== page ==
The victim wars: How competitive victimhood stymies reconciliation between conflicting groups

According to Noor and colleagues (Noor, Brown, Gonzalez, Manzi, & Lewis, 2008; Noor, Brown & Prentice, 2008), when intergroup relations are based on conflicts over social or material resources, this sense of victimhood may interplay with group members’ need to compete with the out-groups (e.g., Brewer & Brown, 1998). Thus, group members may tend to engage in a real competition with the  out-group over who has suffered more. Interestingly, this kind of competition has a psychological benefit. Indeed, it helps people cope with conflict. Years of conflict create stress and uncertainty among group members. The highest victimhood status helps to manage these feelings by providing safe explanations about who is responsible for the violence, and clear boundaries between good and evil (Bar-Tal et al., 2009). Furthermore, perceiving one’s own group as the primary victim of the conflict can reduce feelings of guilt that arise when people witness misdeeds perpetrated by ingroup members (Smyth, 2001). By the same token, it may help to rationalize and legitimize acts of revenge against rivals, especially in a post-conflict era (see Nadler & Saguy, 2003). Finally, portraying one’s own group as the “real” victim of the conflict may also serve material purposes, as it frames the group the worthy recipient of sympathy and assistance. Thus, encouraging the perception of one’s own group as the victim may enhance the possibility of receiving moral and practical support from the international community (Simon & Klandermans, 2001).

For all these reasons, it is no wonder that each of the parties involved in a conflict makes great efforts to persuade themselves, rivals, and third parties that their suffering has been greatest. Recent research has provided empirical support for the detrimental consequences of competitive victimhood in reconciliation processes. For instance, Noor and colleagues found that in Northern Ireland, competitive victimhood decreases the Protestants' and Catholics' inclination to forgive each other (Noor, Brown, Gonzalez, et al. 2008; Noor, Brown, & Prentice, 2008) and, at the same time, reduces the willingness to accept responsibility for each group's past misdeeds. Similarly, in Chile, competitive victimhood has been empirically demonstrated to be a great obstacle to the reconciliation between pro-Pinochet and anti-Pinochet groups (Noor, Brown, Gonzalez, et al. 2008).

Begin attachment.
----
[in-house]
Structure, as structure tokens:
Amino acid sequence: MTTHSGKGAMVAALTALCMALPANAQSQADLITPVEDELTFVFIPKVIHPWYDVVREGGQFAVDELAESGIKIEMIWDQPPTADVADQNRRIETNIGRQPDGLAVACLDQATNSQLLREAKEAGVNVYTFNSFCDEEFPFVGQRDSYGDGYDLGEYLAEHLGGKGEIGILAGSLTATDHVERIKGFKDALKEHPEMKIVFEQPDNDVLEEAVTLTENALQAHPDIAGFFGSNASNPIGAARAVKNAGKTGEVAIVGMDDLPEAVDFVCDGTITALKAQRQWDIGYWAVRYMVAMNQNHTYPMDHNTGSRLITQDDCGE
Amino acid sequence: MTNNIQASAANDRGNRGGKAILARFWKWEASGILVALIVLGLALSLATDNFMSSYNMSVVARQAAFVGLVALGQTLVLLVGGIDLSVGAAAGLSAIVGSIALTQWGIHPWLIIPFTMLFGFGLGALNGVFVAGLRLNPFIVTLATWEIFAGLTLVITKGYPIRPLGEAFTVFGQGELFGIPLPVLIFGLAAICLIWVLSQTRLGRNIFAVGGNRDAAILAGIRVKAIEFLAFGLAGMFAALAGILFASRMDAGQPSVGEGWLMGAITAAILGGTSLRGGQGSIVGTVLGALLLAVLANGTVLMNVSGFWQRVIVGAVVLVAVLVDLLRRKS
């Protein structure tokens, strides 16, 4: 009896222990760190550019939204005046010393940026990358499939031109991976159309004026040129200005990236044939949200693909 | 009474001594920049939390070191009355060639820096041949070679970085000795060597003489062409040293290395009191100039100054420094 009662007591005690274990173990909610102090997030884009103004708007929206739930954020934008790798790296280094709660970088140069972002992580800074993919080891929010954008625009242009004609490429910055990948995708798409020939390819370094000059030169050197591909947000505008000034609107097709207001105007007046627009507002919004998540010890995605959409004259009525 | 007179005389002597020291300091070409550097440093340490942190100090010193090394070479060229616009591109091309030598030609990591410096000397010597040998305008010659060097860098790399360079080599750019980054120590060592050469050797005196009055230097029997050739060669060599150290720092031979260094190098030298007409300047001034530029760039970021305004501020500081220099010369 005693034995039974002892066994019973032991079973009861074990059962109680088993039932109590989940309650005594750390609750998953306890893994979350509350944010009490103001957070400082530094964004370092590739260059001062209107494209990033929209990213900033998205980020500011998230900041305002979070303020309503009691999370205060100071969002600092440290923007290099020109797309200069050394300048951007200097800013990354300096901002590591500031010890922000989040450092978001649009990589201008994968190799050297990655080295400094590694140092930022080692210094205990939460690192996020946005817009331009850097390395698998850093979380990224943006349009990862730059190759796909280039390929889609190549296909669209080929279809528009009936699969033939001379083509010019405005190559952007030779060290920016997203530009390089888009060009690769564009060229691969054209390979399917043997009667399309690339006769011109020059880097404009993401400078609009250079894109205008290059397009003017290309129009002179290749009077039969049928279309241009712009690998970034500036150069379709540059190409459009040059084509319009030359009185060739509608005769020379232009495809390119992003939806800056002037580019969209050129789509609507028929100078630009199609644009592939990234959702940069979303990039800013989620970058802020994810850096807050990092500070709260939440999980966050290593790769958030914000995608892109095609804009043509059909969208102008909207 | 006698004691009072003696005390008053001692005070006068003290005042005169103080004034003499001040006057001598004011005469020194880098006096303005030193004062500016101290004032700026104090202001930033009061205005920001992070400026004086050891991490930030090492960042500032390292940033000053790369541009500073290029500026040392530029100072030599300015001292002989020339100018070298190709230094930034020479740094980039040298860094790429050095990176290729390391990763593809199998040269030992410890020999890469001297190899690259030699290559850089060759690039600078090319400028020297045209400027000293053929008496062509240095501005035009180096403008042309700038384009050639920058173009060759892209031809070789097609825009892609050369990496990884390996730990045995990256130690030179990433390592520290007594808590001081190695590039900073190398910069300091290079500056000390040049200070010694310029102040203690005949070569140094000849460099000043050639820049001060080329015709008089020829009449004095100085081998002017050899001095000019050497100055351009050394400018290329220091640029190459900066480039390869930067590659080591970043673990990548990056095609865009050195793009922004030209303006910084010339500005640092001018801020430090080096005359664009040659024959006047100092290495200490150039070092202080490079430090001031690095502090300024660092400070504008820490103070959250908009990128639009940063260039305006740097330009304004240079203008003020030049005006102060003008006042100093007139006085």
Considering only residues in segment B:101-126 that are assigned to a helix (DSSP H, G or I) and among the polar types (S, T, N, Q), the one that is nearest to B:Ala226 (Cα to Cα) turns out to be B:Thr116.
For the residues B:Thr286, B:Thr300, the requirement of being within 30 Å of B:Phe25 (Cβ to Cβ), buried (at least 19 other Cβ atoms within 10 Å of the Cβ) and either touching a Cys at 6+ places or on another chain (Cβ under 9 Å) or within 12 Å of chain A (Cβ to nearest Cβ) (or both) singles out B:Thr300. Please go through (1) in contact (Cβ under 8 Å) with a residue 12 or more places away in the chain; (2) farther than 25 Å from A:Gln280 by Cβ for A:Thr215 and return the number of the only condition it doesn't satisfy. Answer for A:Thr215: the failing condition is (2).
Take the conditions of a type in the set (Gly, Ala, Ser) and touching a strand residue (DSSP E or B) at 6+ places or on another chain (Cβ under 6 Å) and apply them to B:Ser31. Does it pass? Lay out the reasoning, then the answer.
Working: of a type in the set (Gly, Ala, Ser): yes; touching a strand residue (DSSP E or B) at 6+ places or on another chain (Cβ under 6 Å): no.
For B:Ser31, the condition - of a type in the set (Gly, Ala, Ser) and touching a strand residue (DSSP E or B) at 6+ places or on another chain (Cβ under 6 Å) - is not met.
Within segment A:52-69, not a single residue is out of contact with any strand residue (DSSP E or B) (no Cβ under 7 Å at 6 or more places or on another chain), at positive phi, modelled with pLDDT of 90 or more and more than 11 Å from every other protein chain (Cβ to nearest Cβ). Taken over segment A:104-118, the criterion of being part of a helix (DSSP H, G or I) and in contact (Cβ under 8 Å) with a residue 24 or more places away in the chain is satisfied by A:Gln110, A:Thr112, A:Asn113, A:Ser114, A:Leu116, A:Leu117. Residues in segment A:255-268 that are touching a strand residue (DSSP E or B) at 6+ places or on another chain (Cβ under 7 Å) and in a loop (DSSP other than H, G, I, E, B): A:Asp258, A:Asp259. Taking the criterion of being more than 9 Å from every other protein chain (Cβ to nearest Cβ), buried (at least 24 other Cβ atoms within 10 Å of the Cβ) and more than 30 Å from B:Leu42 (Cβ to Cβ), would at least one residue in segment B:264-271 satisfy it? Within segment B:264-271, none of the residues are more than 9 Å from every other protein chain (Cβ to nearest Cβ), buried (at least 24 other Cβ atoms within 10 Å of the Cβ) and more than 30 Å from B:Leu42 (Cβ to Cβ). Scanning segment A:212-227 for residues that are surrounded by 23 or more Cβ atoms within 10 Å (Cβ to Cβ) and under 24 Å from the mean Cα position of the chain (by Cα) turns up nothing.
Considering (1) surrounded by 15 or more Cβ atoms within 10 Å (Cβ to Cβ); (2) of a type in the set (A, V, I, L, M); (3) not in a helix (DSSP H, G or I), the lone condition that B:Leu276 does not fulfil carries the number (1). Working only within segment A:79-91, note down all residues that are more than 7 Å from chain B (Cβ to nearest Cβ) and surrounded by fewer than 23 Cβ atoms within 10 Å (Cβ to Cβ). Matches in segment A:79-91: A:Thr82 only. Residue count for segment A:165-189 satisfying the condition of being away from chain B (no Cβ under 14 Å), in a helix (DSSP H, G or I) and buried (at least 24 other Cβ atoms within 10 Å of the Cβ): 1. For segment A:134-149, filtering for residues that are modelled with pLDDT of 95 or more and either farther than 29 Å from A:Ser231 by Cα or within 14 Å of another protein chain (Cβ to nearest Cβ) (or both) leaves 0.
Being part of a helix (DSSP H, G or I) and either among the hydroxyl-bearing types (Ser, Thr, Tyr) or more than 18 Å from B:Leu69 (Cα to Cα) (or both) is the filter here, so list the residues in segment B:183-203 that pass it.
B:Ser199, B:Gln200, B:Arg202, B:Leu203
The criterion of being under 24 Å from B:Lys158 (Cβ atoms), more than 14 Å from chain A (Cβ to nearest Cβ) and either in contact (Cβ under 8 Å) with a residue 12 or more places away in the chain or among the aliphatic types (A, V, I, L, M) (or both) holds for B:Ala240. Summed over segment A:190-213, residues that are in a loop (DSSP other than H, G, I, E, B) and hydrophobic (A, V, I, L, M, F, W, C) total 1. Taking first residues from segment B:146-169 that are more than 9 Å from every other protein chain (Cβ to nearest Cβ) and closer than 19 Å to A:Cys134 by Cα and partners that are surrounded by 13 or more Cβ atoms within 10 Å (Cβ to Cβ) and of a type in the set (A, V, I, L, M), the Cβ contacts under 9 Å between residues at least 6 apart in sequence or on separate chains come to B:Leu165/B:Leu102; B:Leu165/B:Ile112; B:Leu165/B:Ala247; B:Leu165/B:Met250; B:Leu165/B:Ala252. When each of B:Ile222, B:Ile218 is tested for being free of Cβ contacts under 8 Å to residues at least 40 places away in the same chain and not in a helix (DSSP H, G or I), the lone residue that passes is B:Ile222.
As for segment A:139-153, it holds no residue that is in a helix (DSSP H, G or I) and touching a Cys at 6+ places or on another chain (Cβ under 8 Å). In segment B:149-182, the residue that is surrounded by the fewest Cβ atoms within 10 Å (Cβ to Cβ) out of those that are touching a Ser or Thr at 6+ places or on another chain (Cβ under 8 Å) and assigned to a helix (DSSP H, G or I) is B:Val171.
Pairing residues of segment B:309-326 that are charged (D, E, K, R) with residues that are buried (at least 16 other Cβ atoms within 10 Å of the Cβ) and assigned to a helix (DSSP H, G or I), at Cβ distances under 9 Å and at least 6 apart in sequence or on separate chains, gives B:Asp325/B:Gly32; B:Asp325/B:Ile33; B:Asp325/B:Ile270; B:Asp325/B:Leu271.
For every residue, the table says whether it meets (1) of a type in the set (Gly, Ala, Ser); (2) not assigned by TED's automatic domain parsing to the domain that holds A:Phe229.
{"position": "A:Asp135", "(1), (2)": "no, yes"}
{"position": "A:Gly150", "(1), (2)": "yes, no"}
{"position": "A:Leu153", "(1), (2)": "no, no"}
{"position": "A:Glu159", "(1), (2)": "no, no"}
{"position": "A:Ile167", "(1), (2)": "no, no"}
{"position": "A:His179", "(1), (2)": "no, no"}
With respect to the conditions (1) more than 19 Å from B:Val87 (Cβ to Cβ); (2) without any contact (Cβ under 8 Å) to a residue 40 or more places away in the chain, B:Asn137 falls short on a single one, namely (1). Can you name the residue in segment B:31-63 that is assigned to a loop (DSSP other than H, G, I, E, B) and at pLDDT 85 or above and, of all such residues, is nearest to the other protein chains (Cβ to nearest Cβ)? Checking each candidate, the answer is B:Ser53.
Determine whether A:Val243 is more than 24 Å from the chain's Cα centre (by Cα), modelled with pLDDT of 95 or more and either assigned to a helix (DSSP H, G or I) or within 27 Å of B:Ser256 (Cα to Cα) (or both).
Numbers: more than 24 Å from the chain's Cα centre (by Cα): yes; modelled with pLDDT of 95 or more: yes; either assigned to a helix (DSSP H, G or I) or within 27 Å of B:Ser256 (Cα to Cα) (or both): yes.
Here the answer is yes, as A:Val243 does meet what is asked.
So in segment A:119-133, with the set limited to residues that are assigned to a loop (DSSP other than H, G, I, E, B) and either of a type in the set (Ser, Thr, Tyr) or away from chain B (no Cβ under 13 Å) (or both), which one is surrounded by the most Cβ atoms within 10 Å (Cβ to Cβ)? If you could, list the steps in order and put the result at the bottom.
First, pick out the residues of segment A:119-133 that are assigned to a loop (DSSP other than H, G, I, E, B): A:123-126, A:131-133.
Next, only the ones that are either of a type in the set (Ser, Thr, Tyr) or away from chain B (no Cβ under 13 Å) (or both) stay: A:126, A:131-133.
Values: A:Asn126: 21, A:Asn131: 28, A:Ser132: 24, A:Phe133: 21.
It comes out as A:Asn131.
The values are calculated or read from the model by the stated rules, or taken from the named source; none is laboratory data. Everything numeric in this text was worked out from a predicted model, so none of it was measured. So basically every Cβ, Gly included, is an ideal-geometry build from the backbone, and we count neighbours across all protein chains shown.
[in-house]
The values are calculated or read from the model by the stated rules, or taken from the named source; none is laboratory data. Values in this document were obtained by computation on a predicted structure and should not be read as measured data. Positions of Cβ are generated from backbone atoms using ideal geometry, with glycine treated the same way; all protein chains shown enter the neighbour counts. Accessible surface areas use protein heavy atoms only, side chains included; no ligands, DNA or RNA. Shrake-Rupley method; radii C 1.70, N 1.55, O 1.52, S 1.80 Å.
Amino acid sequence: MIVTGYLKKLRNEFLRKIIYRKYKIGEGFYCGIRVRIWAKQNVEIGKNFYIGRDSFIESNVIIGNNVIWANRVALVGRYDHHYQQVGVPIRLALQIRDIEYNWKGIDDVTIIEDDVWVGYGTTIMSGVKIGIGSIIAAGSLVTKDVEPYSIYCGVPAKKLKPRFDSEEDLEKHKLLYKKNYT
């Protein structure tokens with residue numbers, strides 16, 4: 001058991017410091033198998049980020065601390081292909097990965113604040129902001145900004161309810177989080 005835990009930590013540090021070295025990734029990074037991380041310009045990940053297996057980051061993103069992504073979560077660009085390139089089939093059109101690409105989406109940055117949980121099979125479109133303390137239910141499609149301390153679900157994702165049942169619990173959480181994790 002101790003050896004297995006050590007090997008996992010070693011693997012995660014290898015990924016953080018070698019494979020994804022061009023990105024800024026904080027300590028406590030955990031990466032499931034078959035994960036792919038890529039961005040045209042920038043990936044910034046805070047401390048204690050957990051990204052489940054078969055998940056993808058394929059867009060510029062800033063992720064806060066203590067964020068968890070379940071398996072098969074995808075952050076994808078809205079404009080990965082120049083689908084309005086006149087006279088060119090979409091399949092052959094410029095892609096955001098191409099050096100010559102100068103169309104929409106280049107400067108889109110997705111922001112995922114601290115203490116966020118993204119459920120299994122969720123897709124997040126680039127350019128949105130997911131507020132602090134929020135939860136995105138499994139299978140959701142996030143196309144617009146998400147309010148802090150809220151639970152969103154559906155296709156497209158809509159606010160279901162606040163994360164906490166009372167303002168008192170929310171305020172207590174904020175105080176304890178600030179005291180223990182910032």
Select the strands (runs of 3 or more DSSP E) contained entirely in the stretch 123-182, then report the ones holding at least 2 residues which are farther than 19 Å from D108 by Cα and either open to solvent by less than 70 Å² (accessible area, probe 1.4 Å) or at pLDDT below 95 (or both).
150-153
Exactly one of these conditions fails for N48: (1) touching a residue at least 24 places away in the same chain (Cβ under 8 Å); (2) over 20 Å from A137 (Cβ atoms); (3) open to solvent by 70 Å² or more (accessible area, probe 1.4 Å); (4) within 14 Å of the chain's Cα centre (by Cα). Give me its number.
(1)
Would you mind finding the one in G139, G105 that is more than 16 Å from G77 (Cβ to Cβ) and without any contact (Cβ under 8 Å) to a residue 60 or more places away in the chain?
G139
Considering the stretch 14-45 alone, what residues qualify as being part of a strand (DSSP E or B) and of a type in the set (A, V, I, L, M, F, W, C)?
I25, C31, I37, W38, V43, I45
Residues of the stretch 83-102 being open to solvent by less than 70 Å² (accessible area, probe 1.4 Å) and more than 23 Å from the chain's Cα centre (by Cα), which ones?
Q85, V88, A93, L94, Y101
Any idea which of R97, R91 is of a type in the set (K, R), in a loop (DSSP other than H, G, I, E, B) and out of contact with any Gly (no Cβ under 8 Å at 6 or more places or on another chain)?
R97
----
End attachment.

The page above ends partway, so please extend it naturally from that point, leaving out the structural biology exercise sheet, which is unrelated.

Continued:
Removing competitive victimhood

Social psychologists are now developing strategies to overcome the tendency toward competitive victimhood.

One strategy emphasizes the need to blur the lines between the conflicting groups. The Common In-group Identity Model (CIIM; Dovidio, Gaertner, & Saguy, 2009) suggests that, through a process of cognitive recategorization, members of separate groups may come to see themselves as belonging to subsets of the same group. With this increased sense of “we”, the cognitive and motivational processes leading to perceive one’s own group as the victim and the other group as the perpetrators are redirected to include former out-group members in a single common group, in which psychological and physical sufferings are shared.

Some studies have documented the beneficial effects of this increased sense of communality in contexts characterized by past or present victimization. For instance, Wohl and Branscombe (2005) found that Jews felt more forgiving towards Germans when they were encouraged to think of the two groups together, in terms of the larger group of human beings worldwide. Furthermore, Gaunt (2009) documented that identifying with the common group of “Israelis” weakened the Israeli Arabs’ tendency to dehumanize Israeli Jews. More recently, my colleagues and I (Andrighetto, Mari, Volpato, and Behluli, in press) provided more direct evidence of common in-group identity effects on competitive victimhood. We reported that an increased identification with the “Kosovars” common group decreased the Kosovar Albanians tendency to compete with the Serbs to obtain the status of victim of the past conflict.

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